The paramotor at the top of this list, the Nikita 5 can be described as a stable wing that can smoothly handle rhythmic maneuvers, infinity maneuvers, and anti-rhythmic maneuvres smoothly and without any hard blows.

It has sharp steering capabilities to quickly go from one maneuver to the next. The intuitive nature of the Nikita 5 doesn’t stop there though. The brake pressure is medium-hard, with very precise pressure detection for when you are pulling even slightly on the brakes.

The weight range of the different Nikita 5 options, taken from their website here.

If you fall into it’s lower weight range of paramotorists suggested for the Nikita 5, you have the capability to wait and decide your next maneuver. If you are on the upper end of the weight range, you have insane amounts of potential for speed and power behind your movements as an acro professional.

One cool addition to this wing is the valves that ICARO, the manufacturer of the Nikita 5 decided to add. With new valves embedded in the cross ports, a twister maneuver can be initiated by the pilot and carried out in seconds. Literally built from the ground up for paramotoring, this wing is possibly the best wing for acro paramotoring out there.


Wing Span (m)
Weight of Wing (kg)
Material of WingSKYTEX 38SKYTEX 38SKYTEX 38
Flat Area (m2)171820

Third Party Rating(s):

Currently Uncertified

My Opinion:

The Nikita 5 is the perfect paramotor wing for those paramotorists who have the talent to take their skills to the next level.

The Nikita 5 has a rather light wing, but what’s more impressive is the fact that this wing is only around 9-10 meters. Most paragliding/paramotoring acro wings are around 10-11 meters. How they got this wing this small will continue to baffle me for a long time.

Something that many people online have to say about it is how surprisingly stable it is. You can be going at a breakneck speed, and still feel secure when flying the Nikita 5.

“The NIKITA 5 flies precisely and stable. The Esfera runs smoothly and the transitions run clean without hanging back. The Heli runs stable and when soaring on a slope or when Acro flying I love the controllable dynamic of the glider. The NIKITA 5 is a worthy successor to the 4”

Xanda Meschuh, taken from

For more information on the Nikita 5 from the manufacturer, click here.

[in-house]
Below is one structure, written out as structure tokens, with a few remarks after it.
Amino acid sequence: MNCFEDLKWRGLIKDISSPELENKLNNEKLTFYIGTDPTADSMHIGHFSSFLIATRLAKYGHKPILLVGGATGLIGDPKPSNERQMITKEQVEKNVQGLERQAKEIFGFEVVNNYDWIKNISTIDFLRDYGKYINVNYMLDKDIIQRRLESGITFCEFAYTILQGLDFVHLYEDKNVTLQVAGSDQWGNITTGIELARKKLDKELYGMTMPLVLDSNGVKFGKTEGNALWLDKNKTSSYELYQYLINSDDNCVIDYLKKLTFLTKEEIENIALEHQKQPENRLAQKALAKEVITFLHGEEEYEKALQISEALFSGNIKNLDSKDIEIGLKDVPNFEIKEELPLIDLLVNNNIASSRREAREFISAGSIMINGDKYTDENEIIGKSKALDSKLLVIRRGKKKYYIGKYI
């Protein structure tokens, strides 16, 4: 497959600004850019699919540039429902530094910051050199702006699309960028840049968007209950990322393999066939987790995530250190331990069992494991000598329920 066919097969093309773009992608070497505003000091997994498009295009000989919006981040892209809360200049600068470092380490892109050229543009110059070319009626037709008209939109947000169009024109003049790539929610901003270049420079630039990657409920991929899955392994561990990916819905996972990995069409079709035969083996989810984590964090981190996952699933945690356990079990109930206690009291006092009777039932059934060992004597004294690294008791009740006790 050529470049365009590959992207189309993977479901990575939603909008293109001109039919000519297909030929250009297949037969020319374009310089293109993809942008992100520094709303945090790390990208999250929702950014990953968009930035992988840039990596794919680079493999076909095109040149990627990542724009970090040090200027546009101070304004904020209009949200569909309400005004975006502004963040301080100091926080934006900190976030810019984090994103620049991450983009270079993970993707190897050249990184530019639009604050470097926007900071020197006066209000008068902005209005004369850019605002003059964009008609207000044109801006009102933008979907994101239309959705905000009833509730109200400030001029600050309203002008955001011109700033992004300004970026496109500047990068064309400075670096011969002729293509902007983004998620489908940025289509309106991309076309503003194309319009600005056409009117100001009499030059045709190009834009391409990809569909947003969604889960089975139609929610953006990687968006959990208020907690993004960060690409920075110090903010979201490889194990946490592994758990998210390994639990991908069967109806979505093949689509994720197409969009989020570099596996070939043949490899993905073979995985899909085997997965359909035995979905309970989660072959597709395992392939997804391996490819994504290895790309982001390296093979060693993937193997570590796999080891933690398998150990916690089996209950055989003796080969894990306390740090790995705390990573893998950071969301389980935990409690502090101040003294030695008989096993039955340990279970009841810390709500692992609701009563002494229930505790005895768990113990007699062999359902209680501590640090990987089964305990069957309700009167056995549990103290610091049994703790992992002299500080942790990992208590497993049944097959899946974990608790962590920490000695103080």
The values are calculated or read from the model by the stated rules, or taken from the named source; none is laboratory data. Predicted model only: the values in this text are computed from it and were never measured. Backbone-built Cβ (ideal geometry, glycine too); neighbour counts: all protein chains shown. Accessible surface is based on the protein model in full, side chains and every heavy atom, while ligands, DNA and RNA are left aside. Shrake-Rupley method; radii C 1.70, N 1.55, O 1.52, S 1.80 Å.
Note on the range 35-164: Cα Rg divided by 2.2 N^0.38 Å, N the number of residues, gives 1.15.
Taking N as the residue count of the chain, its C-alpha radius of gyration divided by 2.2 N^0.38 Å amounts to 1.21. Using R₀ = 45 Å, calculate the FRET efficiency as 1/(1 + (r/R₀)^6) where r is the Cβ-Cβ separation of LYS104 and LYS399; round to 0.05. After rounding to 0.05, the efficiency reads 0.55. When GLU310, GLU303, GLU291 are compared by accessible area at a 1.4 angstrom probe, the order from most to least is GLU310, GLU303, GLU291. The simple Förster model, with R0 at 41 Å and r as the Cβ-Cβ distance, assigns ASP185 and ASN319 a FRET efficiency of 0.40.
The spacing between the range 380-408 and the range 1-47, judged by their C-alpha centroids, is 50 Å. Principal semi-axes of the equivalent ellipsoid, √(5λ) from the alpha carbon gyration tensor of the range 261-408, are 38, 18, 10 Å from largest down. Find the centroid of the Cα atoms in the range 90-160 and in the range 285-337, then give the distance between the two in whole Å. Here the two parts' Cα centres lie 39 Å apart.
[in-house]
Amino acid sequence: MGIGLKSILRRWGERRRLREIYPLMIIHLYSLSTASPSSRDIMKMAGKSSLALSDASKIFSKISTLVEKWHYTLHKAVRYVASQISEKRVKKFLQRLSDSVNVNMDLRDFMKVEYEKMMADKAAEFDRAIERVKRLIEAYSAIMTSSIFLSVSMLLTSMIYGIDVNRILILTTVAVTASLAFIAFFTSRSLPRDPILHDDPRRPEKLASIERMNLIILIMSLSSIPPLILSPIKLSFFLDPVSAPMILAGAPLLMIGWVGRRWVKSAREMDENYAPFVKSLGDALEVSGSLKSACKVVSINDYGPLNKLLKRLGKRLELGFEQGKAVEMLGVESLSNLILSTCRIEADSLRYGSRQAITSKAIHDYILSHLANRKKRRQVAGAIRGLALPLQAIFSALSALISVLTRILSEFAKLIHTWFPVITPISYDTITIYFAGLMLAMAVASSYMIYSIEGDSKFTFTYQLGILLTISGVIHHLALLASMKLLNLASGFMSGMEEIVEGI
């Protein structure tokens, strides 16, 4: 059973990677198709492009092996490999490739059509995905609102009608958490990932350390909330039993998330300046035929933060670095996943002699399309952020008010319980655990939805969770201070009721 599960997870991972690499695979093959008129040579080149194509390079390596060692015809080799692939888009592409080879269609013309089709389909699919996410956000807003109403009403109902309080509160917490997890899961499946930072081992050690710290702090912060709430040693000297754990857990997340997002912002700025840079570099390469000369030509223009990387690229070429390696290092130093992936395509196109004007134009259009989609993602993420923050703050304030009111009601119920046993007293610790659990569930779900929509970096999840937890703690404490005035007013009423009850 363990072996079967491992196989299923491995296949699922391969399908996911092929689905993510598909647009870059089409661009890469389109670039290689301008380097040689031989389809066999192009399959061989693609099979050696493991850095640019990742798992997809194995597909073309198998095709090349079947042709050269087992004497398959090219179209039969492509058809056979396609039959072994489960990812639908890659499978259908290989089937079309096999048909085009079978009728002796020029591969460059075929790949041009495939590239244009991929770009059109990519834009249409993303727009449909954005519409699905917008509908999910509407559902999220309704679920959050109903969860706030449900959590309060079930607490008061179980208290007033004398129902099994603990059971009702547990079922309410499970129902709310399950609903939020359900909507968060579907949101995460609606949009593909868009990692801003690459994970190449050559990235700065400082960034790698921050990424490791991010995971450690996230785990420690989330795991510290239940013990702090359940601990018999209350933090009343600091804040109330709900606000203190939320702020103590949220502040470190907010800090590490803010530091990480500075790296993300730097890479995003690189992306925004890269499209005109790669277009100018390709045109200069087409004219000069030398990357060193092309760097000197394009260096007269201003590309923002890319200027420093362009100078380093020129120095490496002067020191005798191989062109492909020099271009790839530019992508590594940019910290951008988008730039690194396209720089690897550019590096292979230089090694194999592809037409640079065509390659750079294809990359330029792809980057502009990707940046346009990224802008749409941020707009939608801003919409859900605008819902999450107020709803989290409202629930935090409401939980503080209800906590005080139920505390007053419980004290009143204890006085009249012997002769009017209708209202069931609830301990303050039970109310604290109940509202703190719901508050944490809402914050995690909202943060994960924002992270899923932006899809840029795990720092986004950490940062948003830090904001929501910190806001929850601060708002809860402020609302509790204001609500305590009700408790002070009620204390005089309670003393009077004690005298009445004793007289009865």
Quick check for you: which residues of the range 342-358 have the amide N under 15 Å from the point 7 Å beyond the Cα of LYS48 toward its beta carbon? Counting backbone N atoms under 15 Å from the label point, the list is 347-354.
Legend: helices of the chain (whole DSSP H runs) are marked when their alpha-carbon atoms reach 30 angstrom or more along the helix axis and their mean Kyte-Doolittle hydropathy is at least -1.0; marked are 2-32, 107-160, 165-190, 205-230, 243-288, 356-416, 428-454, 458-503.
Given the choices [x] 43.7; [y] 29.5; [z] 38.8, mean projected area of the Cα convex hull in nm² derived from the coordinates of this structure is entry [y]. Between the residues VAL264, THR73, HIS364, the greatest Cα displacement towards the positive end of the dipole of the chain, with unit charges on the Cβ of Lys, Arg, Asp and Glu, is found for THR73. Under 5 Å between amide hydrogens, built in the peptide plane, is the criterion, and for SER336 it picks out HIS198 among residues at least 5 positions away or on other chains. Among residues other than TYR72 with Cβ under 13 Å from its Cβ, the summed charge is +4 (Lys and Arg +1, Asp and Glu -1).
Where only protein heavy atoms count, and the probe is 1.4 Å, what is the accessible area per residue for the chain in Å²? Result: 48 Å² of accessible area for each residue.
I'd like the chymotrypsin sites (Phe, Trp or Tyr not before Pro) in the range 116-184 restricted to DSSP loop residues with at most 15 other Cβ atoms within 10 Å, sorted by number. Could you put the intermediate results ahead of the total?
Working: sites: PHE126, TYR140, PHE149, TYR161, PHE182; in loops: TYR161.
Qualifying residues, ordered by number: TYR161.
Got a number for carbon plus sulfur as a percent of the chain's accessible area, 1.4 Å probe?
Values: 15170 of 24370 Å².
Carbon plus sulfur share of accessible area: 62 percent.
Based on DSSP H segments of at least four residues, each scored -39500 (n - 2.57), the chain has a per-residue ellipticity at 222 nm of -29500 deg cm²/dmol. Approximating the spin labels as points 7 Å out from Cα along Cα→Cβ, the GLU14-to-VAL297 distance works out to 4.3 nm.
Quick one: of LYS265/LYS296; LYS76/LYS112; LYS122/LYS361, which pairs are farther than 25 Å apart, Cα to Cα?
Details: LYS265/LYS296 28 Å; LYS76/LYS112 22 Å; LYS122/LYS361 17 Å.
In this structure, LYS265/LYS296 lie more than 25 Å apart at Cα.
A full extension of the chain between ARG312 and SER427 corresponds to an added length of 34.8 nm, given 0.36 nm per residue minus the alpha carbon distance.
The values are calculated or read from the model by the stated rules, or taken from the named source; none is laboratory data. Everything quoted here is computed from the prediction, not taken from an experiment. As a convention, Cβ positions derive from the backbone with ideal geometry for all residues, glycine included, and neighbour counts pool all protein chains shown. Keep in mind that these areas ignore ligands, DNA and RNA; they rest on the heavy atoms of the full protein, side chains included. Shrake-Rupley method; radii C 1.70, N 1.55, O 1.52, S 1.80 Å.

The Agility paramotor/paragliding wing is a glider for experienced pilots. Specially designed to perform all acrobatic maneuvers, it’s no wonder that the Agility was on the podium twice when their creators Horacio and Théo won the Acro Paragliding World Cup in Synchro and also won gold on the Synchro Aerobatics at the FAI World Air Games in Dubai.

It’s clear that the Agility can perform incredibly in competitions. Its specific combination of stability from the wingspan and acro capabilities from lightweight material of the wing lead to an interesting and wildly different acro paraglider/paramotoring wing from many other acro wings.


Agility 17Agility 19
Wing Span (m)10.1611.28
Weight of Wing (kg)4.64.8
Flat Area (m2)17.6019.54
Number of Cells5757

Third Party Rating:

EN Certification- 926-1 (for both Agility 17 and Agility 19)

My Opinion:

The Agility is a lighter wing, slightly lighter than the Nikita 5. This gives a few unique advantages to the Agility. For one, the responsiveness of the Agility will be top notch.

However, it has a wider wingspan than the Nikita 5 by a significant margin. The Agility is good for pilots who want a wing for acro that isn’t as high risk as other acro wings (having the stability that comes with a large wing), while also having the reflexive capabilities that all acro wings have.

Here is a quote from Théo de Blic, one of the creators of the Agility. He has worked on countless wings before, and here’s what he has to say on the Agility.

“Agility has been made to give pure joy to the pilots, whether it is when they are flying downs doing tricks, or thermaling to gain altitude, the glider is a delight. It has a light brake pressure and an instinctive handling, while you fly you have the feeling to fly an XC glider, but it turns straight to an acro glider as soon as you start doing manoeuvres.

Due to its impressive but easy to handle energy and its great internal pressure the glider is able to perform all tricks the cleanest way possible. Whether you are flying waggas, thermalling in light conditions or flying the craziest tricks you know Agility will suits you. I have flown a lot of gliders in my life but Agility surpasses them all.”